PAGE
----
Cory Doctorow, Someone Comes to Town, Someone Leaves Town. 2005. Tor Books. Pp. 320. ISBN 0765312786. $24.95.

Reviewed by Djibril

"Alan’s father was a mountain, and his mother was a washing machine—he kept a roof over their heads and she kept their clothes clean. His brothers were: a dead man, a trio of nesting dolls, a fortune teller, and an island."

We are given this nutshell description of the protagonist's family background only a few pages into this enchanting novel, and it is a while before it is fully explained—that is too say, it is never quite explained, but we do eventually learn beyond a doubt that this is not a metphorical description of a chauvinistic nuclear family but literal (if surreal) truth. The family live in cave on the mountain that is their father; the washing machine running on a diesel generator in one corner literally gave birth to Alan and his six brothers; his brother Billy knows the future; Craig is a mound of earth in their father's lake; Davey is a violent, psychopathic little monster, whom the other brothers killed, but has returned as a living corpse to terrorise their lives; Gerald lives inside Fred, who lives inside Ed. As if this were not confusing enough, none of the brothers have fixed names, although the first letter (A, B, C, D, etc.) is stable: the protagonist is alternately Alan, Adam, Andy, Avi, Adrian, Aaron; his second-eldest brother is Benny, Brent, Billy, Bentley...

This is an unusual book in many ways, but then Cory Doctorow is an unusual author, so we maybe should have expected that. Doctorow is a board member of the Electronic Frontier Foundation (EFF), one of the founder editors of the weblog, and has released a version of this novel for free under a Creative Commons license. This interest in the freedom of information and digital rights generally leaves a strong influence on the content of Someone Comes to Town, Someone Leaves Town, one of the main plotlines of which involves a scheme to set up a free, anarchic, anonymous, open wireless network across the whole of Toronto, with routers built from trash and rescued computer parts. This leaves room for debates and expositions on the subject of free speech and access to technology, descriptions of computers and boot-strapped junction boxes. This in many ways central story also serves as a backdrop for Adam's friendship with the info-anarchist Kurt; his relationship with Mimi, the mysterious winged girl next door, and her brutal, apparently all-seeing, Renfield-like boyfriend, Krishna; and his hunt for his missing, probably murdered, three youngest brothers.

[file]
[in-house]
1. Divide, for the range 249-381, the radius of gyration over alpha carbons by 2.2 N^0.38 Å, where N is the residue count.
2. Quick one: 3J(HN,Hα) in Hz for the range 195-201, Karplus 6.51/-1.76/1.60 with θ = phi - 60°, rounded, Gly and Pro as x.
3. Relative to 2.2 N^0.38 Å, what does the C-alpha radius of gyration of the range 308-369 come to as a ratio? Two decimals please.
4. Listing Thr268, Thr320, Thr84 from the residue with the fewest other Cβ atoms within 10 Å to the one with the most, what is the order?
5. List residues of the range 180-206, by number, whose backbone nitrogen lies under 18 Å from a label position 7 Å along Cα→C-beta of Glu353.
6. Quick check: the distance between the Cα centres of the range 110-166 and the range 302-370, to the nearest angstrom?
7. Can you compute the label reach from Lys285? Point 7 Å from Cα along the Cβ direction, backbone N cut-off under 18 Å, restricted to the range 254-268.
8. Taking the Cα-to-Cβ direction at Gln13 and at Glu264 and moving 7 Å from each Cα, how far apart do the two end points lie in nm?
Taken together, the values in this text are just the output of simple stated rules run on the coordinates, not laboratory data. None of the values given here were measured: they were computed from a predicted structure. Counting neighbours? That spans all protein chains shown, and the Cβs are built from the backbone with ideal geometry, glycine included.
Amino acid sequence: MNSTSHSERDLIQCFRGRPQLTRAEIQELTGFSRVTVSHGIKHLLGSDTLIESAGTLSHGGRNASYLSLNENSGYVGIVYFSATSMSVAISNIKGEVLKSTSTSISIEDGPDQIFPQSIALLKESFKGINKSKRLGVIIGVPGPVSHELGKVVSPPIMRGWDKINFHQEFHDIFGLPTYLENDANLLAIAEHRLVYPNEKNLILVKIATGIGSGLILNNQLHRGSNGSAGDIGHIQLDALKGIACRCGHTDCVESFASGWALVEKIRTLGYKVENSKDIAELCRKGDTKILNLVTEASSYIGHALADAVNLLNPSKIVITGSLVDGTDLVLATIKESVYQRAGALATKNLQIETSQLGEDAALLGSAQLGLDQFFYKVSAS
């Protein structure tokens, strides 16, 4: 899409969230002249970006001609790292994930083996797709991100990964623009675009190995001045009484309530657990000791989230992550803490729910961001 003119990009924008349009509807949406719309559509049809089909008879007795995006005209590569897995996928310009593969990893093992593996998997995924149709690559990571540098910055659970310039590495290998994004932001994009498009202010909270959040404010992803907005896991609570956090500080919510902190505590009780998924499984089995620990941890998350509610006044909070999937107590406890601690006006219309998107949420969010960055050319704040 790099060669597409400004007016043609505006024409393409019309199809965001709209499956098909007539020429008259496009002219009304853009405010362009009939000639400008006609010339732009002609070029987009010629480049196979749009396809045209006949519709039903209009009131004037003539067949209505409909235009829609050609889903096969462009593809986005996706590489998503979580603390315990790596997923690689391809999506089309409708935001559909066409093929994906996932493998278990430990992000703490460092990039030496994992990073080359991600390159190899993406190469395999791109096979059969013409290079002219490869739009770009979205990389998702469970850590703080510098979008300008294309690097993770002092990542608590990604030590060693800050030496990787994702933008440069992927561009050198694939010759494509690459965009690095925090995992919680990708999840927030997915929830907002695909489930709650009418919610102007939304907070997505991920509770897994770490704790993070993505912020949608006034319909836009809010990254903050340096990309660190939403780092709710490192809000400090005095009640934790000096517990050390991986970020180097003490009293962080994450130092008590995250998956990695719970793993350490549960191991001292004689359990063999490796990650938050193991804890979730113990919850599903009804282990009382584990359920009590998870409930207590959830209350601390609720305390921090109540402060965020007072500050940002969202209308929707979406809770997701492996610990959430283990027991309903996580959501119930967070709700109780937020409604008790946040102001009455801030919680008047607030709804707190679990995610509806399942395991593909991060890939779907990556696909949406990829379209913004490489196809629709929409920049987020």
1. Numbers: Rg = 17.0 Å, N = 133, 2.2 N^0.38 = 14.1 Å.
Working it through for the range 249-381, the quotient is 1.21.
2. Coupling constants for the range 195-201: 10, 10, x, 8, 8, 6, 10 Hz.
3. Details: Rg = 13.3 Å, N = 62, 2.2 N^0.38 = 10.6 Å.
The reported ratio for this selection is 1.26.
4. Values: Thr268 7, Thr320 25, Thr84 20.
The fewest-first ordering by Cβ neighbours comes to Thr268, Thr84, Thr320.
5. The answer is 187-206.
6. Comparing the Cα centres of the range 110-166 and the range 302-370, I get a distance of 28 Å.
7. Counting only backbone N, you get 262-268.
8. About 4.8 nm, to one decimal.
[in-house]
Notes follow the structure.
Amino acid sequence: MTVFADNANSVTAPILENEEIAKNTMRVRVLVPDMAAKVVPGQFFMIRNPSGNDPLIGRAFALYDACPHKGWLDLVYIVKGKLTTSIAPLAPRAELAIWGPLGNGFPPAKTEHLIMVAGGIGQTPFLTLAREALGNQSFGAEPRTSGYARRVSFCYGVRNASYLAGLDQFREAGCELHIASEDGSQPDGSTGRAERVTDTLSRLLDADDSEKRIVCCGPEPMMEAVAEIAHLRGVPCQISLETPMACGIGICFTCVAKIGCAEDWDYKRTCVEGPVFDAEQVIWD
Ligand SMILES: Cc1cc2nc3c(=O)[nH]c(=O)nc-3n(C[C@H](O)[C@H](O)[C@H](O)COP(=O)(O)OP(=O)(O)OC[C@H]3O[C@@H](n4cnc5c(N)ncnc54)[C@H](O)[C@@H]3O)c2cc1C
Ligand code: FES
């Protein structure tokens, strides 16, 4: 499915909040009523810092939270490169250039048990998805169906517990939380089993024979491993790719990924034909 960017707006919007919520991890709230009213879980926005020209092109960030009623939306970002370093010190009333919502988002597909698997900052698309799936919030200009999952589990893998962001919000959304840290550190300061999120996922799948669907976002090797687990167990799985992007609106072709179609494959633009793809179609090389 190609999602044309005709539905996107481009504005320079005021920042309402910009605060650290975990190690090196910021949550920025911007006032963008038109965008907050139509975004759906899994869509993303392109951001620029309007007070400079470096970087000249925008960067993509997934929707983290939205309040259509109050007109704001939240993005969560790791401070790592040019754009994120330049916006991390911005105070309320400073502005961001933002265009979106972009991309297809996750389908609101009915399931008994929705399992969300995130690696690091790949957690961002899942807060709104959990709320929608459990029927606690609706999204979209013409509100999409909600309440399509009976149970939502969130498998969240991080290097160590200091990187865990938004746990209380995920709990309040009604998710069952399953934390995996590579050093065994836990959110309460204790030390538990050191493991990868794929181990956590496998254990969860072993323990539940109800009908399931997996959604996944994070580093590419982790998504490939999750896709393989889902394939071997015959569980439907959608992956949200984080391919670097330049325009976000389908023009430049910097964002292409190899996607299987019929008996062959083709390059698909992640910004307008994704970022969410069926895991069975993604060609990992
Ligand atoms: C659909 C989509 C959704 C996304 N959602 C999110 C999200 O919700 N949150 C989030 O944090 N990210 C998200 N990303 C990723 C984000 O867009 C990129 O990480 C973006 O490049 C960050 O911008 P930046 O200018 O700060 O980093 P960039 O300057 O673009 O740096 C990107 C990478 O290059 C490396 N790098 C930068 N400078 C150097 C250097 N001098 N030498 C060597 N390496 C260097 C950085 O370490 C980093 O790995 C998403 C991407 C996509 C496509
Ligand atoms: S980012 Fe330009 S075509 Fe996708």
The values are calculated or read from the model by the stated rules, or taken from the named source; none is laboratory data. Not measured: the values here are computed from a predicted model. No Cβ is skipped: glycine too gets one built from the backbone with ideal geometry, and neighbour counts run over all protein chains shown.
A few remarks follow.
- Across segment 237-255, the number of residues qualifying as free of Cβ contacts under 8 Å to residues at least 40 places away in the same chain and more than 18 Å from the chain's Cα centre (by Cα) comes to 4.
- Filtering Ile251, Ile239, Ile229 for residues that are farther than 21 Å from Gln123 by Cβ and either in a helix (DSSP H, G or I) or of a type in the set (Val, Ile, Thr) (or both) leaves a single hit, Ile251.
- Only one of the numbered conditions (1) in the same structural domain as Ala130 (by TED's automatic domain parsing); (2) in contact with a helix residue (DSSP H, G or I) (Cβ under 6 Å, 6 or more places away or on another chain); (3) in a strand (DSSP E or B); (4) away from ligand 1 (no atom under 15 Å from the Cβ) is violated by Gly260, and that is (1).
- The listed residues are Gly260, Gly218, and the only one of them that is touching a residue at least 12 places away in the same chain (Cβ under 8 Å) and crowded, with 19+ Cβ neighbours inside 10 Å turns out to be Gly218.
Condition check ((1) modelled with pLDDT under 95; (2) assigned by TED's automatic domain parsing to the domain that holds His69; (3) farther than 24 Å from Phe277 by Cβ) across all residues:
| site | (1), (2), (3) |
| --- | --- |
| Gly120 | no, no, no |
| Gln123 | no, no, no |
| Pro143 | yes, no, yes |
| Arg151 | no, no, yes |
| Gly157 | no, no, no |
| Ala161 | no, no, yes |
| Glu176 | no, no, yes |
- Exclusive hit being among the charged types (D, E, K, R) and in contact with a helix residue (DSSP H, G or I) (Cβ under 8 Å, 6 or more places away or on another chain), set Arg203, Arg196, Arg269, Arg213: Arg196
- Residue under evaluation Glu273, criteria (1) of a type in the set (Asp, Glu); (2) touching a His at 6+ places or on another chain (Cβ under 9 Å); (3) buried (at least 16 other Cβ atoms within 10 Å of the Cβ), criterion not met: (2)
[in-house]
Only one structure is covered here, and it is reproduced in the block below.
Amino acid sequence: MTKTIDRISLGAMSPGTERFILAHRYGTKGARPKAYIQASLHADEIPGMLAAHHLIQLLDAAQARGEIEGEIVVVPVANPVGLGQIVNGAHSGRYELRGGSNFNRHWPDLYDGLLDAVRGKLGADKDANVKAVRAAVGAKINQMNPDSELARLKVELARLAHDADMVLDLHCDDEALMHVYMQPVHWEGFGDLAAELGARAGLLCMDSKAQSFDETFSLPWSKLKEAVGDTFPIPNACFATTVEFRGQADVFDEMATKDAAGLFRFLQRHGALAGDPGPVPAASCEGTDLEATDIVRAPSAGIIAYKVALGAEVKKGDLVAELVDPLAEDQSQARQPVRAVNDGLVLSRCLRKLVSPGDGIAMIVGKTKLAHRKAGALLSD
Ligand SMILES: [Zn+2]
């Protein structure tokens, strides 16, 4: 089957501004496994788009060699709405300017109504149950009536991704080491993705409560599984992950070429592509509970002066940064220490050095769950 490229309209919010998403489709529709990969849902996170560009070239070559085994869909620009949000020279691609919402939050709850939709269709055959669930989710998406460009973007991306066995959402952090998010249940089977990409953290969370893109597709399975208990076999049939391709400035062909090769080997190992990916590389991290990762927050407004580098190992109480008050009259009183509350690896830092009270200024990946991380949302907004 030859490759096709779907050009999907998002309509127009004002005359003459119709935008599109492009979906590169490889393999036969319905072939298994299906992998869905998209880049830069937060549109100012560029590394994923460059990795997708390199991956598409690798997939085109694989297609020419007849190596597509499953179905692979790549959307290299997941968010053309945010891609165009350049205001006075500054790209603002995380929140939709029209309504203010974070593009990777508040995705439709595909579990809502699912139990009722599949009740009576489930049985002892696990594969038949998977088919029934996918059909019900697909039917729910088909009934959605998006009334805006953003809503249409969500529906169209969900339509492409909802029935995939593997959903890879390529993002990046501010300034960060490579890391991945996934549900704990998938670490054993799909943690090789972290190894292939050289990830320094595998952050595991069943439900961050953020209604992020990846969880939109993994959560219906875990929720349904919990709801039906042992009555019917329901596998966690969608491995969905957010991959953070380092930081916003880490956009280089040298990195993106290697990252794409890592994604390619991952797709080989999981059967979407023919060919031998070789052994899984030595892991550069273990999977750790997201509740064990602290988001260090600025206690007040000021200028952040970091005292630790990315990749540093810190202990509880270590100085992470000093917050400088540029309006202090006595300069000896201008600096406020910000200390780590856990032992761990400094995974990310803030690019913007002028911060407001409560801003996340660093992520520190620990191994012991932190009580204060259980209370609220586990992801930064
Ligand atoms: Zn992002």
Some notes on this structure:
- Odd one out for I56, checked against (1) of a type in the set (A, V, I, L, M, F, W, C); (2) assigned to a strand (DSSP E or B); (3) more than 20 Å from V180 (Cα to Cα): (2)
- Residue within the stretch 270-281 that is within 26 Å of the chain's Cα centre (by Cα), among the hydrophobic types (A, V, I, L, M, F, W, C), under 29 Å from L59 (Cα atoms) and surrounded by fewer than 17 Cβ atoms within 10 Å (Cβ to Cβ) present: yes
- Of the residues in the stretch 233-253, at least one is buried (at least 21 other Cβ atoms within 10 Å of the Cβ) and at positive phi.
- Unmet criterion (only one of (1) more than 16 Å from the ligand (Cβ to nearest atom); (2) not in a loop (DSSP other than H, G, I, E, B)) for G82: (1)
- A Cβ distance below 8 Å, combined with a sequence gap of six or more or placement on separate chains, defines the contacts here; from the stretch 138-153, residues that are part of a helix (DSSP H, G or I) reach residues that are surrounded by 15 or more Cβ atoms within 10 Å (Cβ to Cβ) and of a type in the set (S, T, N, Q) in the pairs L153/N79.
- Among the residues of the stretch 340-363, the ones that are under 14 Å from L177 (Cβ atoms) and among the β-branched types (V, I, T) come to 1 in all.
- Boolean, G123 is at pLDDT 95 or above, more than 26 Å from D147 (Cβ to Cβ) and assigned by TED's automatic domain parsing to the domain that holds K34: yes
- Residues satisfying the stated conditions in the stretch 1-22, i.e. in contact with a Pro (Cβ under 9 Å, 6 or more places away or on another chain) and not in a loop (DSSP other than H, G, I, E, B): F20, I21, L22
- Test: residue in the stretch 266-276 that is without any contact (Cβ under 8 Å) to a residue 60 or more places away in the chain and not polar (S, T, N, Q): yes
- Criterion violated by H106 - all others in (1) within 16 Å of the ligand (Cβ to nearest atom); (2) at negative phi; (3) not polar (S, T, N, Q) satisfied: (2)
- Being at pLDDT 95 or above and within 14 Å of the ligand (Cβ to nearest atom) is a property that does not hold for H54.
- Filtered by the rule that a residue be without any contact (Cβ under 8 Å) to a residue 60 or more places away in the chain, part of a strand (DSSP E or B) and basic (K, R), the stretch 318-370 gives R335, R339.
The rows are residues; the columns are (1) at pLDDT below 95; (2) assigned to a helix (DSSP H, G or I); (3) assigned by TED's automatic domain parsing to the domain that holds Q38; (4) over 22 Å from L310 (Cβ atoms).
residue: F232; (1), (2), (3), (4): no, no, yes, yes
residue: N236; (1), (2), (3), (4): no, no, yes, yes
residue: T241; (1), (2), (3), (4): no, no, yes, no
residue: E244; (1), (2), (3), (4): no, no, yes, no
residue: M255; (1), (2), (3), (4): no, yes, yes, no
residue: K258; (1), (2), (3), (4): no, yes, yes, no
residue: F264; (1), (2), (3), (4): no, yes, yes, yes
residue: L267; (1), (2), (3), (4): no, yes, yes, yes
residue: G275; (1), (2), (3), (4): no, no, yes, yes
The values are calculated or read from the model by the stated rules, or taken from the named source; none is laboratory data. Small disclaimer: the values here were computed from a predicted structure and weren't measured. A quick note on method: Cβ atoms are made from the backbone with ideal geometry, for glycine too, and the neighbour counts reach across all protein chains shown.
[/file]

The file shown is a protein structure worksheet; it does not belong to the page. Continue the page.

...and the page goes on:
Andy is an isolated character, inasmuch as he very rarely lets people close enough to him to learn his history, and the fact that he is not quite human. He has never been to a hospital (luckily he heals supernaturally fast, can grow back severed fingers, etc.), and avoids the police if possible; his ID is fake, stretching back to his first stolen library card. Despite this he is fascinated by people, spends his time observing them and trying to be as helpful as possible: he is a serial entrepreneur—has been a bookseller, antique dealer, and now wireless network distributor—whose aim is as much to train his assistants to run their own businesses as it is to turn a profit. He is the only one of his brothers to have successfully left the cave and joined human society, and he is never quite sure if this was the right thing to do. The undead Davey is never far behind him, watching, taunting, ready to torment and mutilate anything or anyone he loves.

In the end, despite its surreal background and unpredictable storylines, Someone Comes to Town, Someone Leaves Town is a highly readable novel with engaging characters whom you care about, truly frightening villains, and tension that builds to a mounting climax that makes the last fifty pages or so almost totally un-put-downable. An excellent achievement: I can only hope that Doctorow is proved correct in his gamble to release free versions of the novel. If obscurity is a greater enemy to the writer than piracy, then this title deserves to be widely read and widely pirated (although some of us who can afford to should also pay for a copy, to be fair).

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